Students are expected to pass the normal Greek and Latin competency exams upon entrance to the program. They will complete sixteen term courses. Eight of these will be courses in Classics and will include at least four courses in Greek and Latin literature, a course in historical or comparative grammar, and at least three seminars. The eight remaining courses making up the Renaissance Studies portion of the degree will be broken down as follows: 2 terms of Renaissance Studies Core Course, 6 additional term courses to be taken in at least two disciplines (such as Literature, History, History of Art, Music, Religious Studies, etc.). One of these courses should respect the spirit of the ordinary Classics requirement of a course in classical art or archaeology (a course on the classical origins of Renaissance architecture, for example, will satisfy this requirement).
Italian, as set by Renaissance Studies -- one hour of sixteenth-century Italian prose, one of modern Italian scholarship – and a second language, normally German or French.
Exams and related matters:
Students are expected to pass the Greek and Latin translation exams, based on the Classics and Renaissance Studies Ph.D. reading lists, by the beginning of the fifth term in residence, the oral exams in Greek and Latin literature, based on the Classics and Renaissance Studies Ph.D. reading lists, by the end of the fifth term in residence, the oral exams on special fields appropriate to both disciplines, as described below, by the end of the sixth term in residence, and the dissertation prospectus by the end of the seventh term in residence.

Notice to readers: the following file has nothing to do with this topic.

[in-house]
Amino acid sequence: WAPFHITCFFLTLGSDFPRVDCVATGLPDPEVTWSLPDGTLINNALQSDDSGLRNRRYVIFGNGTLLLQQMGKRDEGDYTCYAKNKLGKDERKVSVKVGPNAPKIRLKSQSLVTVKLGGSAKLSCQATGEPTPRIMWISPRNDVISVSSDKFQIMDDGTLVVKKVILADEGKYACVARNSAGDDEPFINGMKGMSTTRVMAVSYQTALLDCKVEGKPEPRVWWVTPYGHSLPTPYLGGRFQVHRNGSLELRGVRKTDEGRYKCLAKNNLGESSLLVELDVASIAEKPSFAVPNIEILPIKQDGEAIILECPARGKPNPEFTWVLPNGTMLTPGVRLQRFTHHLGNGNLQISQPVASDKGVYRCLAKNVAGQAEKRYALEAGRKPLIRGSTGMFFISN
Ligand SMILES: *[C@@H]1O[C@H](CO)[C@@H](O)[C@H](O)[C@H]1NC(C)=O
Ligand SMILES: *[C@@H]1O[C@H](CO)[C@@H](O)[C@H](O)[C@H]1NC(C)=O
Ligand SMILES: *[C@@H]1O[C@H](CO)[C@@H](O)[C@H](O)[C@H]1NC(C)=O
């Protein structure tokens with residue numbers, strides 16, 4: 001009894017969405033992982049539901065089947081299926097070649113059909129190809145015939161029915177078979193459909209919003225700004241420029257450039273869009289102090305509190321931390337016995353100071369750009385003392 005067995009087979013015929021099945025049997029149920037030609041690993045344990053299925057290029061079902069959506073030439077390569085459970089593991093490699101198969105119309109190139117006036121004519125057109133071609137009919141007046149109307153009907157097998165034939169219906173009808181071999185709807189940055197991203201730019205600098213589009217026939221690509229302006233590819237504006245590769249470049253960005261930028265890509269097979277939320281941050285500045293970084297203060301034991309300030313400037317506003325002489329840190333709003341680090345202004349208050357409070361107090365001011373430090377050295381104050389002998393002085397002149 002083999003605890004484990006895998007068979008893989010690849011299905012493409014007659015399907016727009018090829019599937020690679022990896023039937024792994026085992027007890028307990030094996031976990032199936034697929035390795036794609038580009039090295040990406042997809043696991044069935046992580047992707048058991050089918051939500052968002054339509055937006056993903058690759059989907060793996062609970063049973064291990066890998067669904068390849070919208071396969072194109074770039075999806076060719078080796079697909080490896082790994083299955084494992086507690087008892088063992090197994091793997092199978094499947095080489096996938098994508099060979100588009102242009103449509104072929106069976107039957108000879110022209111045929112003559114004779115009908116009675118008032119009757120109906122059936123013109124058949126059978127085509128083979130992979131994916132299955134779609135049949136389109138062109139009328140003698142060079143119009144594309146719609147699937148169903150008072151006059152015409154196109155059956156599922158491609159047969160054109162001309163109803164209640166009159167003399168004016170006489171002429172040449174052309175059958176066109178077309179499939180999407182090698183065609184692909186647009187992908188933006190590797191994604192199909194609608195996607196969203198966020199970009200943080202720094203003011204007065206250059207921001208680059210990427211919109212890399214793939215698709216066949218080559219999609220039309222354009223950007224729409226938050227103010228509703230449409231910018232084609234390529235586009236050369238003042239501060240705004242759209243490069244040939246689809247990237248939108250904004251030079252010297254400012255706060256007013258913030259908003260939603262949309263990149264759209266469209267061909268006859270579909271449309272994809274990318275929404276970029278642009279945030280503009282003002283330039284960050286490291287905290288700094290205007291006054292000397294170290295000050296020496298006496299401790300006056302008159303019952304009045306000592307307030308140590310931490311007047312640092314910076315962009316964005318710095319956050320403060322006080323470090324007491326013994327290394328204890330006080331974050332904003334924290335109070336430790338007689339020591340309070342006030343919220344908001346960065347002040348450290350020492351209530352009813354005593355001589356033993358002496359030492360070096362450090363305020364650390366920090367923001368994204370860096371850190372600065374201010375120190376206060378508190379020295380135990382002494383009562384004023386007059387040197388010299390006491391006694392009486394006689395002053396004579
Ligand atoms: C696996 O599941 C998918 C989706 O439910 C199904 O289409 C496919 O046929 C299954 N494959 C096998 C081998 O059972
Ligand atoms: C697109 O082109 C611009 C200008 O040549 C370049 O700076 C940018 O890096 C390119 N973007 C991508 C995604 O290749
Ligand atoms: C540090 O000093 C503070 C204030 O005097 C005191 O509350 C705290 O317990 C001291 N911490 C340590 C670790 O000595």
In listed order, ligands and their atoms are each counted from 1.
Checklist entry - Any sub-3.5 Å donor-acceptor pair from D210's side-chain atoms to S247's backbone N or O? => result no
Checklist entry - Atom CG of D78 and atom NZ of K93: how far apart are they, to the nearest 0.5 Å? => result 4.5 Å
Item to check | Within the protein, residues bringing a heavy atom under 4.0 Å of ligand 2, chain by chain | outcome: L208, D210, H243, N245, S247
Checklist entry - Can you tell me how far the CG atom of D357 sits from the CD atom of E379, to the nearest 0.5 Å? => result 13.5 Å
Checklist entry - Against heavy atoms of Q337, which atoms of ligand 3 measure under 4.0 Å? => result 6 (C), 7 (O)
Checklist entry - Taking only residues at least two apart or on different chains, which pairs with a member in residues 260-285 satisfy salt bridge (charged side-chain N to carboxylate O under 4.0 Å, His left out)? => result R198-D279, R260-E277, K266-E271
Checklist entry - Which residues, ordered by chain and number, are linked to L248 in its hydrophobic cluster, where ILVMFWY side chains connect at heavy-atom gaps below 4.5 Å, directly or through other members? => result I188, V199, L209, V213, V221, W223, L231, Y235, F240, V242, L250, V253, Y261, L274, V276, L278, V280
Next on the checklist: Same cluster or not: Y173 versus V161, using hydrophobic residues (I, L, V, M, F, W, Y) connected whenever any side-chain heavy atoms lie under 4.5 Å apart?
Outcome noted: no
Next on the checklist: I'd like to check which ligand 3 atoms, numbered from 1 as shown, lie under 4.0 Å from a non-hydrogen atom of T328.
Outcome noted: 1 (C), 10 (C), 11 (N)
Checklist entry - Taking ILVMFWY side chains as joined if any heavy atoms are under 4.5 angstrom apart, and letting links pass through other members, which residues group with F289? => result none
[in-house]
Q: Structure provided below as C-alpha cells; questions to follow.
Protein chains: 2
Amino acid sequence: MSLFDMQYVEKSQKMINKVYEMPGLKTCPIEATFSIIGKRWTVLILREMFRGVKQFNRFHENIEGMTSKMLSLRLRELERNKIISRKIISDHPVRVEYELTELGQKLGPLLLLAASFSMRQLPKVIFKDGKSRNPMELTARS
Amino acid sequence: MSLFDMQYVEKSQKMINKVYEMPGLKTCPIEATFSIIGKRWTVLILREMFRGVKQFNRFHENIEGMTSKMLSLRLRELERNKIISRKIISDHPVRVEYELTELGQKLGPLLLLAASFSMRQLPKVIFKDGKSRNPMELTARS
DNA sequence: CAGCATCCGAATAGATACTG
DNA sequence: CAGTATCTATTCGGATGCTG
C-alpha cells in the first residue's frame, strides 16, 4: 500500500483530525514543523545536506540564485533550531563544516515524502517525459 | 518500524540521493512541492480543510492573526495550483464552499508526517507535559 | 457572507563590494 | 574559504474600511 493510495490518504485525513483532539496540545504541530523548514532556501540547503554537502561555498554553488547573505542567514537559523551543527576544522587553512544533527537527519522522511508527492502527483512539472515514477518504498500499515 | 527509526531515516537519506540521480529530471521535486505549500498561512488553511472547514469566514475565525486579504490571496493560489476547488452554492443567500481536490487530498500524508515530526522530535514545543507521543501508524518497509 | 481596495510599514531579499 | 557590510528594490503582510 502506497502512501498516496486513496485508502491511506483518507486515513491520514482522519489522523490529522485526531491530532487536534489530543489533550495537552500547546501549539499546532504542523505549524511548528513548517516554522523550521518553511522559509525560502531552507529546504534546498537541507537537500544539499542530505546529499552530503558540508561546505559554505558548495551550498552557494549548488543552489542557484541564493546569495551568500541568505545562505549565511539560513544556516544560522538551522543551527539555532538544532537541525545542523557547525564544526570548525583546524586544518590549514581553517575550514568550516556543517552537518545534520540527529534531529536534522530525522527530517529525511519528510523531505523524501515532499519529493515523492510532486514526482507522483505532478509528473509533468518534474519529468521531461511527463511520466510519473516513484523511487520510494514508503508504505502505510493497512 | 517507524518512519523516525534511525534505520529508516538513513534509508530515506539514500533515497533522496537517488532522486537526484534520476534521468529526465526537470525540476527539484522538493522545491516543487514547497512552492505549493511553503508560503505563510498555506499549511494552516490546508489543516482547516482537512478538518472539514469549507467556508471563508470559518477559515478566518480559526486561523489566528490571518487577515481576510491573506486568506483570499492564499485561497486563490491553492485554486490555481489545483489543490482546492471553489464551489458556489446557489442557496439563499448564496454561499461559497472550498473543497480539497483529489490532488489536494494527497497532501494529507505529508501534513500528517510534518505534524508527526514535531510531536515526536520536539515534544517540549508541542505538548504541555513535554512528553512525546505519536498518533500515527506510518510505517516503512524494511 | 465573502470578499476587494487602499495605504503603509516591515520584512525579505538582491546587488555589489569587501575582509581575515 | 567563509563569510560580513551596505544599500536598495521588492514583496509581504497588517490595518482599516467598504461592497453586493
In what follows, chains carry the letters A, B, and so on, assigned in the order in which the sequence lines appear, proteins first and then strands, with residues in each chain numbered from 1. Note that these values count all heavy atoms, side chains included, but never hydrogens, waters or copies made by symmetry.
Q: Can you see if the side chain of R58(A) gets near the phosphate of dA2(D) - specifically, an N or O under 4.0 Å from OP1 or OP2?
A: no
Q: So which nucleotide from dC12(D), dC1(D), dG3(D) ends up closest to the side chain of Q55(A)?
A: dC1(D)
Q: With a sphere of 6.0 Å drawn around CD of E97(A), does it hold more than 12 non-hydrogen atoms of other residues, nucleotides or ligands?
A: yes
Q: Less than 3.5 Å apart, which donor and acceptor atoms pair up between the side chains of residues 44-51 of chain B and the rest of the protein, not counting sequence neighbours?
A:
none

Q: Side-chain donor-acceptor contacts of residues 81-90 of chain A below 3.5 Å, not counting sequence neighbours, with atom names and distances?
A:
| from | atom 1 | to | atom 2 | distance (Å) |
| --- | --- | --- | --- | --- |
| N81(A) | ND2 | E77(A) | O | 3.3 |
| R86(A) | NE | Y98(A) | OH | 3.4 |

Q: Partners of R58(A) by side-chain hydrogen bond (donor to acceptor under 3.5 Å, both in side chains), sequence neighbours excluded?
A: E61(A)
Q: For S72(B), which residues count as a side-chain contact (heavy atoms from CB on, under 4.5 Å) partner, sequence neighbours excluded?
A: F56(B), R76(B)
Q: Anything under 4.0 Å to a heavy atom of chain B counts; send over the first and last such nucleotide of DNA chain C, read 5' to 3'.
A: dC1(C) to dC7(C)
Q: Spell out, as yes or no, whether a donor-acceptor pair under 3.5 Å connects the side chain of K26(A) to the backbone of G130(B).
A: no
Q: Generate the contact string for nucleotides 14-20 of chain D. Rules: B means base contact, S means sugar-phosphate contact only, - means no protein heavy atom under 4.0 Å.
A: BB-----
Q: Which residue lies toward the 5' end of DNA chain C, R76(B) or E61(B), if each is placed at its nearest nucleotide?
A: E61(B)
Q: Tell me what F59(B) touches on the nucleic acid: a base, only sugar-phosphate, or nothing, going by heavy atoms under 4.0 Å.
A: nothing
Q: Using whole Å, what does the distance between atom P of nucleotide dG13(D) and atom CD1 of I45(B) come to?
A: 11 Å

Oral Examination on Special Fields Appropriate to Both Disciplines:
Classics portion: 75 minutes on three or four topics in classical Greek and Latin literature. Renaissance Studies portion: 45 minutes, 3 15-minute questions on Renaissance topics to be divided between at least two disciplines, i.e., literature, history, history of art, etc.
Procedures regarding the dissertation will follow departmental practice, though the board of readers will normally include at least one member of the Renaissance Studies Executive Committee.